tv series

‘Collateral’ review: Good intentions and the right ingredients, but the punch is missing

Although the BBC/Netflix mini-series is packed with interesting characters, it promises far more than it delivers.

It’s clear from the trailer itself that the BBC-Netflix series Collateral sets out to be an ambitious police procedural laced with social commentary. For some part, the audience can be convinced that the ambition is backed by a fair share of substance too. Written by Academy Award nominated David Hare (The Hours, The Reader) and directed by SJ Clarkson, the mini-series comes with a great premise and an awe-inspiring cast consisting of Carey Mulligan, John Simms, Nicola Walker (the most promising face on British television) and Doctor Who alumnus Billie Piper.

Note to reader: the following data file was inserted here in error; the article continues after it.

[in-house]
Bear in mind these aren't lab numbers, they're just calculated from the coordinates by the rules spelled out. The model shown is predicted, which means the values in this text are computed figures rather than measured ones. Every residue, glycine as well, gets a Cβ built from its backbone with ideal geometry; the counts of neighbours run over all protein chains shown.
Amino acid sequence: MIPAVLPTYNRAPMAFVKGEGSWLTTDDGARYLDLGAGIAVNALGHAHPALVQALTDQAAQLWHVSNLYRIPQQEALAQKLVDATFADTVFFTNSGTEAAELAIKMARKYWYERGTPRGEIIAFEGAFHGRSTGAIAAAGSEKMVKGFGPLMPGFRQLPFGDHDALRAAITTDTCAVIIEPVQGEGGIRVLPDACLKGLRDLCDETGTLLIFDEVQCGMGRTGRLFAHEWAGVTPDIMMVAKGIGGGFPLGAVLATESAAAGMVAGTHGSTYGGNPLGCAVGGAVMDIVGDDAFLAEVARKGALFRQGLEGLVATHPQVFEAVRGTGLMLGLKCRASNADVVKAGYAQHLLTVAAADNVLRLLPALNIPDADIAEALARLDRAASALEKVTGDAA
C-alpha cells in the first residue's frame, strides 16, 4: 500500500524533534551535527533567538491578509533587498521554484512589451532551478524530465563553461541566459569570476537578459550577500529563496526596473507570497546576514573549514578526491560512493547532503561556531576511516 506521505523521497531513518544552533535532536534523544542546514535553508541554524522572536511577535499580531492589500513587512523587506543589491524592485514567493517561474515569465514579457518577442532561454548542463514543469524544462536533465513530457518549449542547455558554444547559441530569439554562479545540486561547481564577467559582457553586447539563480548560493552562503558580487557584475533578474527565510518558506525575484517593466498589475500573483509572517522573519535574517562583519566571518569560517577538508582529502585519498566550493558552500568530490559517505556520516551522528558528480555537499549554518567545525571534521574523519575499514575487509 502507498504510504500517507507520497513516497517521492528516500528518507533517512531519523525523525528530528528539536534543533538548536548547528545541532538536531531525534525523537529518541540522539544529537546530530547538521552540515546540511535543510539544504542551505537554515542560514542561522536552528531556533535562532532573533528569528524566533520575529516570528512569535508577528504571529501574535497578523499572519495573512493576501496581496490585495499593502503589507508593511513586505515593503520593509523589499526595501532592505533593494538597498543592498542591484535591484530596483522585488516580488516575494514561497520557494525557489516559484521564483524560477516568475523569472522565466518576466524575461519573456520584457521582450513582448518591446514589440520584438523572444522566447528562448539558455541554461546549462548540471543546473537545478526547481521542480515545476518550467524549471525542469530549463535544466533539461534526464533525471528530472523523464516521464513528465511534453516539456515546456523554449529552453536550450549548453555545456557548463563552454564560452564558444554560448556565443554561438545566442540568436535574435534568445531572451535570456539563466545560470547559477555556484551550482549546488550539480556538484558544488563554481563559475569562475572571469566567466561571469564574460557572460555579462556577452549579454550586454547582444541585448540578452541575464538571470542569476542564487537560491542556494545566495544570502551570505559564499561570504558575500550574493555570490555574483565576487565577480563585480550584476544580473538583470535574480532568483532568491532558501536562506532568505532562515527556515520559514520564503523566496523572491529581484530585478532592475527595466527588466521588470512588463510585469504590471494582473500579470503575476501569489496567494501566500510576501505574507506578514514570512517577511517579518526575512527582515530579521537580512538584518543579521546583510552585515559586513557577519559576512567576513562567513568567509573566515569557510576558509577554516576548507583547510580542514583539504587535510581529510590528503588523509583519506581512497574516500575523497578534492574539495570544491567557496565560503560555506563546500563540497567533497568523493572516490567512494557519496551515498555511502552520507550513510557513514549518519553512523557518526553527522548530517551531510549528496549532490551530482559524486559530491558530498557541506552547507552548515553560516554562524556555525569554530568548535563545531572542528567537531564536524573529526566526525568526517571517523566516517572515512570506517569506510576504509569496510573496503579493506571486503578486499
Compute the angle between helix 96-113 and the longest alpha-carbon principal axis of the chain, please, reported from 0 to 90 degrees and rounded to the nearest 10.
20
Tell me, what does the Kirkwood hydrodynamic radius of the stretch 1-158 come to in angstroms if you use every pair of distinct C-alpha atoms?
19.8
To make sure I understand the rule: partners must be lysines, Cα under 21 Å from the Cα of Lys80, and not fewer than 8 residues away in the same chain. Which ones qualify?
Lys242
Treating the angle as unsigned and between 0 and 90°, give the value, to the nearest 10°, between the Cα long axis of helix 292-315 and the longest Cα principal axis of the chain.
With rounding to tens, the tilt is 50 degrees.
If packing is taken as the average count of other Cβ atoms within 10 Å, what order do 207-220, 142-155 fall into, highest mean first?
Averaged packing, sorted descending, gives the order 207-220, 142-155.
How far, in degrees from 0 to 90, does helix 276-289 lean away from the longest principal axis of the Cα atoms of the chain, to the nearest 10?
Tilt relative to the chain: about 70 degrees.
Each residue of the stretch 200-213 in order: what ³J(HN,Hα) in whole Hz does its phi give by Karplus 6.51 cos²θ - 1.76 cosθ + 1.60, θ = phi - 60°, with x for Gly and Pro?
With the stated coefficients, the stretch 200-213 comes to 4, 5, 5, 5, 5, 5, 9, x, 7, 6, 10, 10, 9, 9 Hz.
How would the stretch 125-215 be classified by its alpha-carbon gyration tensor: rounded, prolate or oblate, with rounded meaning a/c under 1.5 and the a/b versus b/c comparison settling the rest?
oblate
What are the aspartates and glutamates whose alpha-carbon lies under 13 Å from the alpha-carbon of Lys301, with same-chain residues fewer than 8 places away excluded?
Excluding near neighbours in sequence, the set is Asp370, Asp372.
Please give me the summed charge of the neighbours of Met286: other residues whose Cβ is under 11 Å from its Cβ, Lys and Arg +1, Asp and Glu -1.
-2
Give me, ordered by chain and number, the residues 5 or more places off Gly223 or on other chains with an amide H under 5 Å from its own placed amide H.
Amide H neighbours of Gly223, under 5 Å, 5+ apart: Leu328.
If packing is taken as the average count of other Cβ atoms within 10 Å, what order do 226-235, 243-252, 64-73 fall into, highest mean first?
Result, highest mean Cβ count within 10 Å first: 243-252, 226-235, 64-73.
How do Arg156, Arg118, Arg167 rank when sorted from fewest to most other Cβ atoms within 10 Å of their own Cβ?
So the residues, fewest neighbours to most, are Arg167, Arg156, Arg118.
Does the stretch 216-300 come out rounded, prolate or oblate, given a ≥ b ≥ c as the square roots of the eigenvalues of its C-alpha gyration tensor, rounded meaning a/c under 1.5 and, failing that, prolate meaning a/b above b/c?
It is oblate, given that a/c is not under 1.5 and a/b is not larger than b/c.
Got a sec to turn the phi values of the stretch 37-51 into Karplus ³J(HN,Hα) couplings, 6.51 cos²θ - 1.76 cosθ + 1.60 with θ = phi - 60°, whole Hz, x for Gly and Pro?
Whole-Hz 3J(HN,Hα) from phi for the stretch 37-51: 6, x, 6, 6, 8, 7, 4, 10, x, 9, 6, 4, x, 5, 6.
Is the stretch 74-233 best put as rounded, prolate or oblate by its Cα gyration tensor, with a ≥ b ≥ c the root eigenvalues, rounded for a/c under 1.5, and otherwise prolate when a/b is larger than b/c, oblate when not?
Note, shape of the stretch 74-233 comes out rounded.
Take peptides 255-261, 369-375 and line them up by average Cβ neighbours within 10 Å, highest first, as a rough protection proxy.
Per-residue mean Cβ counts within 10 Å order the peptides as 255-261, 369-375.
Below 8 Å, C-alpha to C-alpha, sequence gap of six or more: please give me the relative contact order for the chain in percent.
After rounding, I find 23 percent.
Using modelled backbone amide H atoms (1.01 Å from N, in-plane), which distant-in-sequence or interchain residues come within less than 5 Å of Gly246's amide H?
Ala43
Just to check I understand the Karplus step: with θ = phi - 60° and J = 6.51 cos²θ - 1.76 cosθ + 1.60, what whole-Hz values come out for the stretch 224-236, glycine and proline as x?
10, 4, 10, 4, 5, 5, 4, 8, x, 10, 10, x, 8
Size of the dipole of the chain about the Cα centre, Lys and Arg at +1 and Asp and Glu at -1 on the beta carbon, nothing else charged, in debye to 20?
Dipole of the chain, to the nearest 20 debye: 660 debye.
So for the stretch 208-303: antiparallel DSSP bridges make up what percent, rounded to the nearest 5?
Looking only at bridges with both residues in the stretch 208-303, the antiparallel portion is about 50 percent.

The series begins with a pizza delivery man, Abdullah Asif, being shot down in suburban London while on the job. What follows is a four-hour police procedural that unwraps coincidences, connections and the many concentric circles that surround this seemingly isolated murder.

Detective Kip Glaspie (Mulligan) is also a former Olympic pole vaulter whose career ended with a terrible fall that was broadcast and replayed on British television long enough for her to go from bright-eyed sports figure to disillusioned cop. Glaspie connects what seems like a hate crime to all that is wrong in the post-Brexit era. But she isn’t alone in her analysis of the state of the nation. She gets some help from David Mars (Simms) a frustrated Labour Party Member of Parliament who seems to be airing Hare’s own political views when he says, “We really are turning into a nasty little country.” Unfortunately, he does so in a crucial television interview.